In contrast, pwME tend to have a low ESR, likely due to low RBC deformability. Interestingly, blood hyperviscosity syndromes of all types result in a low ESR. Low RBC deformability is one cause hyperviscosity:
https://www.researchgate.net/public...cosity/link/0c960531ed0dd3724f000000/download (download the free full text)

For those interested, you can also view the results of Cort's 2019 ESR poll here
 

Judee

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Ken Lassessen also talks about hypercoagulation a lot on his website. Here's one page and a quote. He also talks about a Hemex test on another page which was developed by Dave Berg before Dave retired. (APS being Antiphospholipid Syndrome.)

https://cfsremission.com/treatment/thick-blood-clots-dimension-of-cfs-etc/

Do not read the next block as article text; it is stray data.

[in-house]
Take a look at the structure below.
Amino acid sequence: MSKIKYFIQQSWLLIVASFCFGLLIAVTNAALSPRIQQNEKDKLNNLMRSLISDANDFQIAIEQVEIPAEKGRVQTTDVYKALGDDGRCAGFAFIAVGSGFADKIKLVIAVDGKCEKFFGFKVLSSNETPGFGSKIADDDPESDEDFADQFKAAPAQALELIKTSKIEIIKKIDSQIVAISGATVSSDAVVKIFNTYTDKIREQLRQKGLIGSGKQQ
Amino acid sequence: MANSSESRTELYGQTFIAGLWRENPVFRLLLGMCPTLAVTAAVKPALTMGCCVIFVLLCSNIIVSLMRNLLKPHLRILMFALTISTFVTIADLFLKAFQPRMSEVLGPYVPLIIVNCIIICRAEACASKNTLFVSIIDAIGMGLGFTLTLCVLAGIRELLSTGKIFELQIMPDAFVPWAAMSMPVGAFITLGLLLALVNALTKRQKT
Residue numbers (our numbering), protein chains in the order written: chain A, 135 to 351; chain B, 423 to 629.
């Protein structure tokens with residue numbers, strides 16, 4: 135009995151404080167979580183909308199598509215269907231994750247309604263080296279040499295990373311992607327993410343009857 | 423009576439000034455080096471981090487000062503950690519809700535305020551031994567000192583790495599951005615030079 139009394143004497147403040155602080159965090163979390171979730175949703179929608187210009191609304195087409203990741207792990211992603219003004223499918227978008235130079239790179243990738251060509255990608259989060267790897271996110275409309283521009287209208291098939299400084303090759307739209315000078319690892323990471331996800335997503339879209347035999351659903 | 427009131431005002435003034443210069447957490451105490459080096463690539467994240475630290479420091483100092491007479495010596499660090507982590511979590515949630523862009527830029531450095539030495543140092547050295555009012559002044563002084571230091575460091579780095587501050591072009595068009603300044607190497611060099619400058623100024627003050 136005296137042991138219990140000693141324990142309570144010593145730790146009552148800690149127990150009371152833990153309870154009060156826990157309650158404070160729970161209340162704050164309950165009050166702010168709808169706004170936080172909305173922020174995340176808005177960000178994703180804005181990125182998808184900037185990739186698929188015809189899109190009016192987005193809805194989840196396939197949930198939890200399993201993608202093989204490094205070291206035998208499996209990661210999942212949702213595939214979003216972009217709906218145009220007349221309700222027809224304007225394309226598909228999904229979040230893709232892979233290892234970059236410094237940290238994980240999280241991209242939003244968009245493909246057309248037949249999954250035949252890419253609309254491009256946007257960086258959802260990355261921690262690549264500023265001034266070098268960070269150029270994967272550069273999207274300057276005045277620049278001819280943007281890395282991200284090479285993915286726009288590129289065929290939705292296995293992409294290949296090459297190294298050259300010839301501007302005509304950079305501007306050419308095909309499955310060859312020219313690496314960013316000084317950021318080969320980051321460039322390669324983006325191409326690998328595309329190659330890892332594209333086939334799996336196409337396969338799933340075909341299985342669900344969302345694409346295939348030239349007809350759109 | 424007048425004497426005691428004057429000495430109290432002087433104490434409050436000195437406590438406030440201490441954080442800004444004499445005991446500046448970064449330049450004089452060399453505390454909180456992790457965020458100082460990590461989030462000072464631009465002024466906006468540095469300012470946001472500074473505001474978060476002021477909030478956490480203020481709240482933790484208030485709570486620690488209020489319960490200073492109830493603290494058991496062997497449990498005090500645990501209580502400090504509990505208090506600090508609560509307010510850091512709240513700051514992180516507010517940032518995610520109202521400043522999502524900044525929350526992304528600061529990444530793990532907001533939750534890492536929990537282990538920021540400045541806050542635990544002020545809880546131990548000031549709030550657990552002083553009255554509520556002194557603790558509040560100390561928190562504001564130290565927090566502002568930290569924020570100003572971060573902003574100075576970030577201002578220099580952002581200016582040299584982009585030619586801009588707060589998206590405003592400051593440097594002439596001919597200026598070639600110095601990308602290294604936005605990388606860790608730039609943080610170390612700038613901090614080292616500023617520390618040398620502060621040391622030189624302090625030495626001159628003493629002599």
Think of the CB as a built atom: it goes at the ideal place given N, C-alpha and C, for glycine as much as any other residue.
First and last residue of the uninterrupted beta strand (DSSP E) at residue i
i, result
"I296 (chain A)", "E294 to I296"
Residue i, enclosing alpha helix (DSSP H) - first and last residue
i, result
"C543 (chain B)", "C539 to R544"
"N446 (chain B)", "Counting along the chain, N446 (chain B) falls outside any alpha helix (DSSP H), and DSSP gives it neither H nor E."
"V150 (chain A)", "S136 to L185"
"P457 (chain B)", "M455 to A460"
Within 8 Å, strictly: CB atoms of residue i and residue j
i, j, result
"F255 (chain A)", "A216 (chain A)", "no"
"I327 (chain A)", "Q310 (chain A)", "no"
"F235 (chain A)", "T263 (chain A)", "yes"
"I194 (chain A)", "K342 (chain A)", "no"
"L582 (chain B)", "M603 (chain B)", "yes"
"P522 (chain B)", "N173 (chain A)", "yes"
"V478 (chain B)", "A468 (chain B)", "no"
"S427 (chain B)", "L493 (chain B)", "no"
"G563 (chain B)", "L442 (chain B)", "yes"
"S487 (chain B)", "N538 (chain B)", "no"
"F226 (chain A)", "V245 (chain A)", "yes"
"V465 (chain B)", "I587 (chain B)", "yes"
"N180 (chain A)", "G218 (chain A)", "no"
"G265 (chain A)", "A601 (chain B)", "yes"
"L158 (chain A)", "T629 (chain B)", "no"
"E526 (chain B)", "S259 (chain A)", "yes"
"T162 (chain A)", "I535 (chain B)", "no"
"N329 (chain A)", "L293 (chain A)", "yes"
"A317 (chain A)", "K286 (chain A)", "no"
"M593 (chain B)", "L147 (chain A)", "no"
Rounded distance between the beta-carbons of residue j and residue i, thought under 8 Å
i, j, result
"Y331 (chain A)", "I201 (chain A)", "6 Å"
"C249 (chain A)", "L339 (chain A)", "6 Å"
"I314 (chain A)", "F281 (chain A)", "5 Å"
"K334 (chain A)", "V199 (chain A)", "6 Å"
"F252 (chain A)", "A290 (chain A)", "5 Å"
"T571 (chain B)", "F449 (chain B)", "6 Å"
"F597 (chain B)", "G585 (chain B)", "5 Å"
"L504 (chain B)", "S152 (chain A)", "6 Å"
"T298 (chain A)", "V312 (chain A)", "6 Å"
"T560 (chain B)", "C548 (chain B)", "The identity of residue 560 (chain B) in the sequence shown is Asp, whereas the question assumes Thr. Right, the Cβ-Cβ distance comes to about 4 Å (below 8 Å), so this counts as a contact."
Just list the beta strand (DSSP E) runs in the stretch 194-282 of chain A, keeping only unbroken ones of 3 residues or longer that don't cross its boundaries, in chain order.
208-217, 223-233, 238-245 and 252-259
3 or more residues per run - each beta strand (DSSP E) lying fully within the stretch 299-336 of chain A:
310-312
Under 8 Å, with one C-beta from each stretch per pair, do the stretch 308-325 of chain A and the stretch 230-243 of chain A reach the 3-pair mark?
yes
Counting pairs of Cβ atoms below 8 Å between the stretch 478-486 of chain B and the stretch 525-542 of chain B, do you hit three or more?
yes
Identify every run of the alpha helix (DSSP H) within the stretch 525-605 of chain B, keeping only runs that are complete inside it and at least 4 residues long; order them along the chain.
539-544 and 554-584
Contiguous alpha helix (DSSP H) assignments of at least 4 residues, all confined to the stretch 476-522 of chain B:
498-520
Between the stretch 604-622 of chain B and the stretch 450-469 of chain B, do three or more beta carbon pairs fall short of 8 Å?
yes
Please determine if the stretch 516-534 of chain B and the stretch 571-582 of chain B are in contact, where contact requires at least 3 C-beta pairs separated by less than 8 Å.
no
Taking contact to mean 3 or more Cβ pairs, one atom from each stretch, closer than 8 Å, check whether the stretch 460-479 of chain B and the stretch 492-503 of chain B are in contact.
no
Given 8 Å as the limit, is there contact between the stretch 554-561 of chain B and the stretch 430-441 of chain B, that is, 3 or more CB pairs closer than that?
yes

"There are a list of infections associated with CFS. By associated I mean that CFS patients may have infection H, 45% of the time and the general population 5% of the time. Since ALL CFS patients do not have H, then it must not be the cause…. When I compared the list of CFS infections to those associated with APS, they were the same list…. All of the CFS associated infections (EBV,Lyme, Rickettsia, CMV, etc) are known to trigger coagulation. Coagulation that is not fully cleared up because of some inherited coagulation defect…."

Anyway, just some additional thoughts.
 

Shanti1

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Ken Lassessen also talks about hypercoagulation a lot on his website. Here's one page and a quote. He also talks about a Hemex test on another page which was developed by Dave Berg before Dave retired. (APS being Antiphospholipid Syndrome.)

https://cfsremission.com/treatment/thick-blood-clots-dimension-of-cfs-etc/